/i01/r01/c01/s09/DRAM_POWER,2020-08-04T09:38:00.000664000,120000173000
/i01/r01/c01/s09/DRAM_POWER,2020-08-04T09:40:00.000649000,119999985000
/i01/r01/c01/s09/DRAM_POWER,2020-08-04T09:42:00.001142000,120000493000
``` 

---

Visualizing an unpublished sensor containing job-aggregated performance metrics:

```bash
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dcdbquery -h 127.0.0.1 /job800745/FLOPS now-20m now
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``` 

Sample output:

```
dcdbquery 0.4.136-g233b476 (libdcdb 0.4.136-g233b476)

Sensor,Time,Value
/job800745/FLOPS,2020-08-04T09:58:00.000138000,6509354081
/job800745/FLOPS,2020-08-04T10:00:00.000364000,32726063414
/job800745/FLOPS,2020-08-04T10:02:00.000109000,32114478744
/job800745/FLOPS,2020-08-04T10:04:00.000376000,32899551609
/job800745/FLOPS,2020-08-04T10:06:00.000384000,32769676466
/job800745/FLOPS,2020-08-04T10:08:00.000368000,31317069762
/job800745/FLOPS,2020-08-04T10:10:00.000460000,32422604906
/job800745/FLOPS,2020-08-04T10:12:00.000423000,32143846805
/job800745/FLOPS,2020-08-04T10:14:00.000709000,32193801528
/job800745/FLOPS,2020-08-04T10:16:00.000722000,32887149173
``` 

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---

Visualizing all of the *DRAM_POWER* sensor readings for the compute nodes on which job 781742 was running, throughout its runtime:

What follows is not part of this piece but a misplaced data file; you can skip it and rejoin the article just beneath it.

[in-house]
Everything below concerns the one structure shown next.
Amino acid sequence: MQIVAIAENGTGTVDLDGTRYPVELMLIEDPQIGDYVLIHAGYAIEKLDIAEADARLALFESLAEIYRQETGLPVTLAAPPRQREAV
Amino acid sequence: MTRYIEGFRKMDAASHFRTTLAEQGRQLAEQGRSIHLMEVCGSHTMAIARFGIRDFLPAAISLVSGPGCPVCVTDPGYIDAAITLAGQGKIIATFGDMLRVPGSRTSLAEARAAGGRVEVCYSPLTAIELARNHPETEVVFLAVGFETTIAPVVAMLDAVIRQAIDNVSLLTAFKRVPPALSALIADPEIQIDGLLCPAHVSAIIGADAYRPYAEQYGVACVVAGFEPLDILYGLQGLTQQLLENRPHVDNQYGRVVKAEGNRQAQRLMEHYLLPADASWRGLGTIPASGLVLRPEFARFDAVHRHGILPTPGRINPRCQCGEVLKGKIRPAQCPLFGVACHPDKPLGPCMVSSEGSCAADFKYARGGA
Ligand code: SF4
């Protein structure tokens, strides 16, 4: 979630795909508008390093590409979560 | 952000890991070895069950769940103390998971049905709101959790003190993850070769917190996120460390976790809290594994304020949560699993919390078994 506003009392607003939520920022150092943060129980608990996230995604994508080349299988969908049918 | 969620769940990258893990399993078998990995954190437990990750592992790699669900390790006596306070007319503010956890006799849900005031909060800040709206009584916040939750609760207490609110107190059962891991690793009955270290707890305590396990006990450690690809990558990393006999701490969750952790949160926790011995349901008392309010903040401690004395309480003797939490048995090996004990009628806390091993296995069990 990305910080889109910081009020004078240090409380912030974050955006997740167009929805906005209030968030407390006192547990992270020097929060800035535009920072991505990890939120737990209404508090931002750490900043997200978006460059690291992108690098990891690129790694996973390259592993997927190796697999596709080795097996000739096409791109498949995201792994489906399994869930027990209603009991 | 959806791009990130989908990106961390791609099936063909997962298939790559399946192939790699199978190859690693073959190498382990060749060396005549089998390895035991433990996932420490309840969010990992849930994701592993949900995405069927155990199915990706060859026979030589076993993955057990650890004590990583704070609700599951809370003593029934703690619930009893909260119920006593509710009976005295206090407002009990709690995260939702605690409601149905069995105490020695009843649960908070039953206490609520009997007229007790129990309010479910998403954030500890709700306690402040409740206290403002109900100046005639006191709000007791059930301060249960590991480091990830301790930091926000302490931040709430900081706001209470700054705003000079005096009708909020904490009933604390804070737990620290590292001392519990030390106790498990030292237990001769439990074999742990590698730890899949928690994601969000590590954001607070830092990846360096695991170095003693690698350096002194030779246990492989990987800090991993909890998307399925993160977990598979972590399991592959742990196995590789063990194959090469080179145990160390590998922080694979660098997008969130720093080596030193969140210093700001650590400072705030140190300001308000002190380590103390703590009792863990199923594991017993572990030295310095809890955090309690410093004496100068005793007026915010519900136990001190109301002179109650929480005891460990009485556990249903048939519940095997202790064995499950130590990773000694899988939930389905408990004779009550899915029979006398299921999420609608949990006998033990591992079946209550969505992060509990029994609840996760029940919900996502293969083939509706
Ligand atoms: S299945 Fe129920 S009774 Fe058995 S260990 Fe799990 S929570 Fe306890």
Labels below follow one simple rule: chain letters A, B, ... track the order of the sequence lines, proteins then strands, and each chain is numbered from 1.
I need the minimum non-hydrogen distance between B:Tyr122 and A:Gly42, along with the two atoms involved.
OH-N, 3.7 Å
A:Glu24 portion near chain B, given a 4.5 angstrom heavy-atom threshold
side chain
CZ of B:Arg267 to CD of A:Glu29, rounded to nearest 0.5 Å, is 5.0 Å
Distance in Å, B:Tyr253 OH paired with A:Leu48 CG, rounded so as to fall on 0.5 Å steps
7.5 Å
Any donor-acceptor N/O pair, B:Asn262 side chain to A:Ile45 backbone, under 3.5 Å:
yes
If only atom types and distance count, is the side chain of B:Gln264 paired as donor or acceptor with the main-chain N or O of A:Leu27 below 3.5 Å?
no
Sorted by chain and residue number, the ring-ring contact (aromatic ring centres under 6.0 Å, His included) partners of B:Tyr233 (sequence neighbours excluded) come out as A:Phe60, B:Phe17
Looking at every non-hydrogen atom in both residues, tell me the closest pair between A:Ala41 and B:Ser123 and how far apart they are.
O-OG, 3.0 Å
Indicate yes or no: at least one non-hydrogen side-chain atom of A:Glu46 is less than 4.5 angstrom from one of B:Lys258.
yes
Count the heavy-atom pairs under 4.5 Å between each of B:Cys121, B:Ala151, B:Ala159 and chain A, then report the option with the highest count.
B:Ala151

```bash
dcdbquery -h 127.0.0.1 -j 781742 DRAM_POWER
``` 

Sample output:

```
dcdbquery 0.4.144-g777a70c (libdcdb 0.4.144-g777a70c)

Sensor,Time,Value
/i01/r01/c01/s11/DRAM_POWER,2020-08-10T07:28:00.001173000,22
/i01/r01/c01/s11/DRAM_POWER,2020-08-10T07:30:00.000168000,19
/i01/r01/c01/s11/DRAM_POWER,2020-08-10T07:32:00.000867000,20
/i01/r01/c01/s11/DRAM_POWER,2020-08-10T07:34:00.000446000,20
/i01/r01/c01/s11/DRAM_POWER,2020-08-10T07:36:00.000098000,20
/i01/r01/c01/s11/DRAM_POWER,2020-08-10T07:38:00.000814000,21
/i01/r01/c01/s11/DRAM_POWER,2020-08-10T07:40:00.000843000,21
/i01/r01/c01/s11/DRAM_POWER,2020-08-10T07:42:00.000090000,22
/i01/r01/c01/s11/DRAM_POWER,2020-08-10T07:44:00.000408000,21
/i01/r01/c01/s11/DRAM_POWER,2020-08-10T07:46:00.000086000,19
/i01/r01/c01/s11/DRAM_POWER,2020-08-10T07:48:00.000440000,20
Sensor,Time,Value
/i01/r01/c01/s12/DRAM_POWER,2020-08-10T07:28:00.001173000,20
/i01/r01/c01/s12/DRAM_POWER,2020-08-10T07:30:00.000168000,20
/i01/r01/c01/s12/DRAM_POWER,2020-08-10T07:32:00.000867000,21
/i01/r01/c01/s12/DRAM_POWER,2020-08-10T07:34:00.000446000,21
/i01/r01/c01/s12/DRAM_POWER,2020-08-10T07:36:00.000098000,21
/i01/r01/c01/s12/DRAM_POWER,2020-08-10T07:38:00.000814000,21
/i01/r01/c01/s12/DRAM_POWER,2020-08-10T07:40:00.000843000,21
/i01/r01/c01/s12/DRAM_POWER,2020-08-10T07:42:00.000090000,21
/i01/r01/c01/s12/DRAM_POWER,2020-08-10T07:44:00.000408000,20
/i01/r01/c01/s12/DRAM_POWER,2020-08-10T07:46:00.000086000,21
/i01/r01/c01/s12/DRAM_POWER,2020-08-10T07:48:00.000440000,20